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Asia Pacific’s smart cities are connected, open, cashless

November 8, 2018
While developments differ widely in assets and strategies, urban centers across the region are pursuing digital initiatives to address common challenges.

The “Connectivity and QoL” report series examines how digital consumer habits and ubiquitous technology are driving smart city development in the Asia-Pacific region.

Each of the Asia-Pacific economies approaches smart city development with a unique mix of policies and “natural resources”—technology sector talent, existing industry clusters, and communications and Internet infrastructure assets.

While no two Asia-Pacific markets have the exact same mix of strategies and assets, most of the planners and enterprises profiled in the “Connectivity and QoL” report series are working to achieve two sets of goals simultaneously: addressing immediate infrastructure or service delivery challenges while “future-proofing” for challenges on the horizon. Asia’s most innovative smart city efforts also open themselves up to collaboration with the private sector, both to build the enabling platforms and to create potentially exportable technologies and applications.

No two markets in Asia Pacific have planners and enterprises employing the exact same mix of strategies and assets.

Comparing smart city initiatives across the region, several significant common themes emerge when it comes to specific technology areas, businesses, and collaboration models:

  • Leveraging the cloud: ITC infrastructure that enables fast and cost-effective application development is an essential foundation for smart cities. Mainland China and Hong Kong have long invested in cloud platforms, and India is fast joining them in support of its massive IT-enabled service economy.
  • Creating “open” ecosystems: Sydney, Australia, has been a leader in the promotion of public data as a common resource for smart city developers, as has Singapore. Other markets with considerable indigenous IT and digital device industries, such as Taiwan and South Korea, promote development efforts around open-source technologies to speed up interoperability in IoT or security management. All these strategies harness the power of startup clusters and established firms, and innovators from multiple disciplines, to accelerate smart city innovation.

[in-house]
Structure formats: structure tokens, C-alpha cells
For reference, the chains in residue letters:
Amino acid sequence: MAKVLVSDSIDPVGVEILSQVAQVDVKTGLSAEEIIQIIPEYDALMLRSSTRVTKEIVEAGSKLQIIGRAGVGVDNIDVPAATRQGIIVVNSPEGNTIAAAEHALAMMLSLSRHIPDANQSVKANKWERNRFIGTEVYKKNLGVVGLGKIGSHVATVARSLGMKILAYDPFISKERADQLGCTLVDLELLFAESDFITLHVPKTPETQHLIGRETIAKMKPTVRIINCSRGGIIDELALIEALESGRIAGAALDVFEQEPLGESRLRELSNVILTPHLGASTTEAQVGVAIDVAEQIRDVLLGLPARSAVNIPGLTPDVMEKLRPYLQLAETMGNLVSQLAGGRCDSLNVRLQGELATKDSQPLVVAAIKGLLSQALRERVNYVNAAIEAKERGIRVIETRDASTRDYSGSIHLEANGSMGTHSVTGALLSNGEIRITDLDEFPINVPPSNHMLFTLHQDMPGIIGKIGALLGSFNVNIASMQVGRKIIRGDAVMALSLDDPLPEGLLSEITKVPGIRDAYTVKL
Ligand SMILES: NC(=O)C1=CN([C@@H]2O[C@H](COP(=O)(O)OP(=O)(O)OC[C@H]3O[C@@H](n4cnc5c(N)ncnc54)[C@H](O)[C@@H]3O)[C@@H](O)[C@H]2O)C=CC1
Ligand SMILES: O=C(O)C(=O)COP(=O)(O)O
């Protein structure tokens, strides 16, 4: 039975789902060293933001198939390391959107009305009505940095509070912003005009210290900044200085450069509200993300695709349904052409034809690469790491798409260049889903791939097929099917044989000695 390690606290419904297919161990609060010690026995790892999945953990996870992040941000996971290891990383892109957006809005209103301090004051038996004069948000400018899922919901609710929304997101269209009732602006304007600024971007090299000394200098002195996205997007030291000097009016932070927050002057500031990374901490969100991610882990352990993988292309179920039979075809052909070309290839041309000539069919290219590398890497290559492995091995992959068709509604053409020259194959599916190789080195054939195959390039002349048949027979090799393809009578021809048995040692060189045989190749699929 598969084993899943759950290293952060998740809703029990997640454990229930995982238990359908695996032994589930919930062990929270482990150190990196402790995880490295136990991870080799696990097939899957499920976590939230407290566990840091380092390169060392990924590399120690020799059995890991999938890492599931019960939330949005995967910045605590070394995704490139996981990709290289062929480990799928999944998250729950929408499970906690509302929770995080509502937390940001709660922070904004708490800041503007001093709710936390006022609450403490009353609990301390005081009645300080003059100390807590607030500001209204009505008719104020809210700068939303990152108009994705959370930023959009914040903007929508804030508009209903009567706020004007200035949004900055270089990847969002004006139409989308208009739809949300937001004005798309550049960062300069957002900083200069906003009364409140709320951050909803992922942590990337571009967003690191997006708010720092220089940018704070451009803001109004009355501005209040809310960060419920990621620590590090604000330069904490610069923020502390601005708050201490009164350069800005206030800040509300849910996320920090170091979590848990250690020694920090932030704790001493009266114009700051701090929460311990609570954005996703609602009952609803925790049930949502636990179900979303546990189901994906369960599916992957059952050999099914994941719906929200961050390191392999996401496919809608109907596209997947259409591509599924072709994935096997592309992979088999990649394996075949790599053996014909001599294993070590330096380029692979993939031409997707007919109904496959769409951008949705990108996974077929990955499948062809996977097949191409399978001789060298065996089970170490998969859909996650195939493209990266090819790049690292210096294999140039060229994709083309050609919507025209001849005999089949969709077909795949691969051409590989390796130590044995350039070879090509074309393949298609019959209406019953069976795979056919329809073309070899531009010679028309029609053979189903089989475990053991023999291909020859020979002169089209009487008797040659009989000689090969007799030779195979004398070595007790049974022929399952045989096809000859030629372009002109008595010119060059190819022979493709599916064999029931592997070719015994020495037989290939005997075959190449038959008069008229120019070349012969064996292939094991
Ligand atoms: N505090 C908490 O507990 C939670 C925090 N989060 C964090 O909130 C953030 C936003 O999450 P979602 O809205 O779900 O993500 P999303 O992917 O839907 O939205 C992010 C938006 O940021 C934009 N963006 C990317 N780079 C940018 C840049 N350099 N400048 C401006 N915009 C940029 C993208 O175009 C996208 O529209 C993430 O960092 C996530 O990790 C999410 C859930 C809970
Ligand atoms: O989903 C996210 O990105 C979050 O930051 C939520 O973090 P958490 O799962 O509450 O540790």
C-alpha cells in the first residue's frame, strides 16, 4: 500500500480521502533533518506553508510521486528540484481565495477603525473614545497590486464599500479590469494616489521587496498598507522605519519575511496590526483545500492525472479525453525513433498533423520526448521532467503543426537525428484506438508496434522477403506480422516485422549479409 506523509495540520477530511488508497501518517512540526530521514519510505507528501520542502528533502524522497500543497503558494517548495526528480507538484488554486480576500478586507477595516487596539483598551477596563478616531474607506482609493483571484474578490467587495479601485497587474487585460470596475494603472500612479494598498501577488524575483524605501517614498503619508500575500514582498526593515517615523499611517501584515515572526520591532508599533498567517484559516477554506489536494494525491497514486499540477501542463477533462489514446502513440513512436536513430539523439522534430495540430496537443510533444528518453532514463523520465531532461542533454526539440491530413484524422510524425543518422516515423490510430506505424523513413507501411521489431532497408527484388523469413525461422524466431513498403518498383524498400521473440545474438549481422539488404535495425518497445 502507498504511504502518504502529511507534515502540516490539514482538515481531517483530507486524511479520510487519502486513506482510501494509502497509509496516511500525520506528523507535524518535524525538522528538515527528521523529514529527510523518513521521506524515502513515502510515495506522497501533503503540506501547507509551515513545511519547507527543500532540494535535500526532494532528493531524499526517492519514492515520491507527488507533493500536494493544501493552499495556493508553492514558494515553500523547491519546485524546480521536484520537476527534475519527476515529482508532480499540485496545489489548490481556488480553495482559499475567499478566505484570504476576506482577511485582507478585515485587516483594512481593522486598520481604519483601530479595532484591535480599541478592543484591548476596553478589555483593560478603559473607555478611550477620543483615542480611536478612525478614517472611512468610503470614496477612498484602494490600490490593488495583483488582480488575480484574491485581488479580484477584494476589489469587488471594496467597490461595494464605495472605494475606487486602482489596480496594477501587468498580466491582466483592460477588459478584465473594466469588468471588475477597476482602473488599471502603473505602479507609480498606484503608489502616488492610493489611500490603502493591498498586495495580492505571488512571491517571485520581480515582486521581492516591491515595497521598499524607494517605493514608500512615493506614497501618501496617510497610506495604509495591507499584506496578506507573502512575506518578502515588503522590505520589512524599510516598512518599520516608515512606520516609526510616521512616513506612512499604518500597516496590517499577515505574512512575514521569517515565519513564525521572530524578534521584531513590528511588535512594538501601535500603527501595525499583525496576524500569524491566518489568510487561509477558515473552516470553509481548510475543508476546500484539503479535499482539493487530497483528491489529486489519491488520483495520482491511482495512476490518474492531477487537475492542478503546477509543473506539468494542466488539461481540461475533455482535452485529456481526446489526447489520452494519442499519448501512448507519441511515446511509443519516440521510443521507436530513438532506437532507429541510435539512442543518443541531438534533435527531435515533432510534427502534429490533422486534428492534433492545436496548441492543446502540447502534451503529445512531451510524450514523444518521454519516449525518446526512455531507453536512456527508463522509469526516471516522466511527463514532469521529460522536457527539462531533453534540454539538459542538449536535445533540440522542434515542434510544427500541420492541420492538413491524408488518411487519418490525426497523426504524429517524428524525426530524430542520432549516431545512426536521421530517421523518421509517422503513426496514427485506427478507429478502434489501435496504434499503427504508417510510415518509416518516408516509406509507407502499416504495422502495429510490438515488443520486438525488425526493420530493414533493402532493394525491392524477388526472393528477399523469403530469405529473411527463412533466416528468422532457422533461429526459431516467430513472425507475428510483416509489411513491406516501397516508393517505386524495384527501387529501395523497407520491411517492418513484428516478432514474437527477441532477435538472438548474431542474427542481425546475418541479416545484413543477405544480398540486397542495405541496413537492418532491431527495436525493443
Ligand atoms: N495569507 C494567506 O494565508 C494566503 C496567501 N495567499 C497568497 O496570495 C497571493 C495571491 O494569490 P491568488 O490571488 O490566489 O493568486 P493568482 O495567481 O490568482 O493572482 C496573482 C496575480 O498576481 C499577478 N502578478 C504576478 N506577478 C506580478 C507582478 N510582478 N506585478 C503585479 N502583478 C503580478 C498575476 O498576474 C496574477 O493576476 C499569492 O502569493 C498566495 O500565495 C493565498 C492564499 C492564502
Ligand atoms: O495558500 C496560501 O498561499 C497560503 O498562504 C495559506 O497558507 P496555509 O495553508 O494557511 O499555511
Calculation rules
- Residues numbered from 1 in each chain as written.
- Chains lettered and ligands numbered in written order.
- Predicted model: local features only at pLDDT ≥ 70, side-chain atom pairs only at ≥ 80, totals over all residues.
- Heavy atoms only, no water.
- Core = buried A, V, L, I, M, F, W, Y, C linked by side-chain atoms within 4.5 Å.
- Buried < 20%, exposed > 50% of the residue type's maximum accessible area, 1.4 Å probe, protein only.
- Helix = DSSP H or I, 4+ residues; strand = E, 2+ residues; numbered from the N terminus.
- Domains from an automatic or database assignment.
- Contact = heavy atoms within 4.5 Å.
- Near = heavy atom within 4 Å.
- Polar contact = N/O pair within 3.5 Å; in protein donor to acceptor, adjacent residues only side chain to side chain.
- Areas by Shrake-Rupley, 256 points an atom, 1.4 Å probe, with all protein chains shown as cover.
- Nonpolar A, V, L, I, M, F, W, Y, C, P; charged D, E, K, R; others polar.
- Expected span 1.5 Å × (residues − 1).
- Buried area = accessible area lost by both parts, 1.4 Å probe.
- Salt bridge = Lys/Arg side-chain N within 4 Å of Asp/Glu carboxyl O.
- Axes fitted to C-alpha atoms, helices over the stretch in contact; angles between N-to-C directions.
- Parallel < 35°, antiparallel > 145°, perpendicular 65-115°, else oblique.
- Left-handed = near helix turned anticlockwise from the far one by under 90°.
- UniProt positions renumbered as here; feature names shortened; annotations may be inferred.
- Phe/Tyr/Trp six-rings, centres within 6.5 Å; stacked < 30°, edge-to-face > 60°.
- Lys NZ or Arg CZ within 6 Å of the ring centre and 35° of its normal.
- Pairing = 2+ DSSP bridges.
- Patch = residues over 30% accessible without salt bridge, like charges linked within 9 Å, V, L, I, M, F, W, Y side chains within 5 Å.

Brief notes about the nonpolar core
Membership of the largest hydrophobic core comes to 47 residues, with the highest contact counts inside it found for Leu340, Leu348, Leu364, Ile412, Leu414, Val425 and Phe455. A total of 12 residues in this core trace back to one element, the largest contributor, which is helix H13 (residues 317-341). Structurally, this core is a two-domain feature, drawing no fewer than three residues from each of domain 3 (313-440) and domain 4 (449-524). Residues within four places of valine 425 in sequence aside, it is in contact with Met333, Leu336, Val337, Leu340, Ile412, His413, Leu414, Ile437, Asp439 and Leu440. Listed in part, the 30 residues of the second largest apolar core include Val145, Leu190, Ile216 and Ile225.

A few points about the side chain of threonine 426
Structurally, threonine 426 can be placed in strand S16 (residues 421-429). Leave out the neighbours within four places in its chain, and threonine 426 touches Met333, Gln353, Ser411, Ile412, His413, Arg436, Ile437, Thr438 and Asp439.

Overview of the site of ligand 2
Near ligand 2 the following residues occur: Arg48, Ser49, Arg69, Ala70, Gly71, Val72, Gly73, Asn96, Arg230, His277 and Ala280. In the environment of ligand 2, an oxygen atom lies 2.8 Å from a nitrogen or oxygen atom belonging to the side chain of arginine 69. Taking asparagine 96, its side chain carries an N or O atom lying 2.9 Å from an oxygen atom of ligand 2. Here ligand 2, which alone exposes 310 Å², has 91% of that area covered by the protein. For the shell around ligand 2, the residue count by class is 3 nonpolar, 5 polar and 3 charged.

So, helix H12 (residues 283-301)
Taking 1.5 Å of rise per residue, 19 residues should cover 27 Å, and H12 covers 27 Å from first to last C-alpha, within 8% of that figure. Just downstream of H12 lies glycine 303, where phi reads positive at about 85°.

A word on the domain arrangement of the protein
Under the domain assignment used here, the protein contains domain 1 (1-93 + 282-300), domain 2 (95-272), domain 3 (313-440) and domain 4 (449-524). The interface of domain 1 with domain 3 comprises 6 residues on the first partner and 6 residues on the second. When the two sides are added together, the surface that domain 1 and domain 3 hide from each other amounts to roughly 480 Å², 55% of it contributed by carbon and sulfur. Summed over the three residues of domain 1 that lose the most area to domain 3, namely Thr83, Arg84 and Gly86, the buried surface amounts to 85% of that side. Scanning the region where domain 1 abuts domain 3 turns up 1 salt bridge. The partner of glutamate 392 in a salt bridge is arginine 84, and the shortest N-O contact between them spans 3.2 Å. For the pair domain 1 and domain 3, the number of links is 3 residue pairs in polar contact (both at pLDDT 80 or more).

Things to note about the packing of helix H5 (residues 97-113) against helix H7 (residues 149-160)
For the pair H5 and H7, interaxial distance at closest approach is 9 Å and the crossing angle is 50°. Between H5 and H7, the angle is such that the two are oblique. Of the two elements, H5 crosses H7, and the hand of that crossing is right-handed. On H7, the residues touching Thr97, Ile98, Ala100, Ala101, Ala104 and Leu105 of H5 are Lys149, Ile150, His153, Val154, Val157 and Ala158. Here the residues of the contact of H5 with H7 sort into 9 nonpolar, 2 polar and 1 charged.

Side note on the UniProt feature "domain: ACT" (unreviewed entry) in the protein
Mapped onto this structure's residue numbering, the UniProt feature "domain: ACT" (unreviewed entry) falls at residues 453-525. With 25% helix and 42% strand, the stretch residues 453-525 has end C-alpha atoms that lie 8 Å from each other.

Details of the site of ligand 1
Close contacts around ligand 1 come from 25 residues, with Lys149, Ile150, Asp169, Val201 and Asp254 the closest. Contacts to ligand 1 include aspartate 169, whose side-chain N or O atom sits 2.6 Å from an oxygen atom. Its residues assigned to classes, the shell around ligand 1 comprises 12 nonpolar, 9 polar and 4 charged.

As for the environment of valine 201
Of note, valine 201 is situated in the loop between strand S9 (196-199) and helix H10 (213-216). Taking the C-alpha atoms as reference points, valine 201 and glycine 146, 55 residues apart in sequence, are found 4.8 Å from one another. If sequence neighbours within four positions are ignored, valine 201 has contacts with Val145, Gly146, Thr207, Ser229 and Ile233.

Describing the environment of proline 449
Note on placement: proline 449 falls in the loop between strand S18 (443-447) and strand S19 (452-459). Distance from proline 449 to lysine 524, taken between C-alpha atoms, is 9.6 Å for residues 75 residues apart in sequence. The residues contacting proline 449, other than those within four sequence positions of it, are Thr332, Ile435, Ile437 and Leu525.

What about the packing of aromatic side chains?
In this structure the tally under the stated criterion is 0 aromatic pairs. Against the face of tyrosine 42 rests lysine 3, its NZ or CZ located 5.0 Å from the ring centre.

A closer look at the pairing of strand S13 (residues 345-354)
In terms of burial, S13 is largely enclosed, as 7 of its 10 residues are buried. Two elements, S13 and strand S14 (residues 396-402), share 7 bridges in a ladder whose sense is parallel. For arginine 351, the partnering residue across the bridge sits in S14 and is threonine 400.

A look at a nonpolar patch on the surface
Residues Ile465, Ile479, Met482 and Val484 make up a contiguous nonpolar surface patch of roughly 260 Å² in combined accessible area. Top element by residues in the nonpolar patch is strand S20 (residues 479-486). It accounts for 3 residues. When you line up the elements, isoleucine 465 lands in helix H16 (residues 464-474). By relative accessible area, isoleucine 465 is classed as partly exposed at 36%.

• Consumer-driven application development: Creating open “sandbox” environments is a key to creating and prototyping applications that a city’s residents would actually find useful. Many of these will involve the augmenting of existing services like public transportation “powered” by advertising, and the data collected in that process: “We are deploying 100 Uber-like autonomous vehicles in Dubai for the Road Transportation Authority,” says Paul Doherty, President and CEO of smart city solutions firm The Digit Group, whose team has determined that “the demographic data alone allows for sufficiently precise targeted marketing in those vehicles to be profitable enough to offer the transportation service for free.”
  • Mixing “greenfield” and “brownfield” experiments: Centrally planned economies in the Asia Pacific, China chief among them, often have the luxury of building smart cities from scratch. Others, notably Japan and Korea, have seen private-public partnerships emerge to create new, “purposely smart” suburban developments, and to experiment with new technologies and revenue models for delivering such services as health care and transportation. These efforts rarely take place in isolation; infrastructure in different existing urban centers is repurposed or enhanced with smart technology simultaneously to achieve immediate consumer benefit.
  • IoT and sensor-based platforms: Here, both established technology and device exporters (chiefly Korea, Japan, and Taiwan) and economies seeking to transform the efficiency of public utilities (China, Singapore, and Australia) are investing heavily in sensor- and device-based management to detect leaks, theft, or security breaches. In so doing, they are creating a deeper fabric of data that will eventually facilitate better, more personalized services for all consumers.
  • Cashless economies: Efforts to migrate transaction payment to mobile platforms or frictionless card- or chip-based applications are emerging in Singapore, Taiwan, and India and are growing particularly fast in China, driven by pervasive and powerful social media applications like WeChat. Beyond the efficiencies that cashless payments create in accessing smart city services, digitizing transactions generates consumer data that is key to the virtuous cycle of the value exchange characteristic of smart cities.

Top image credit: Valerii Matviienko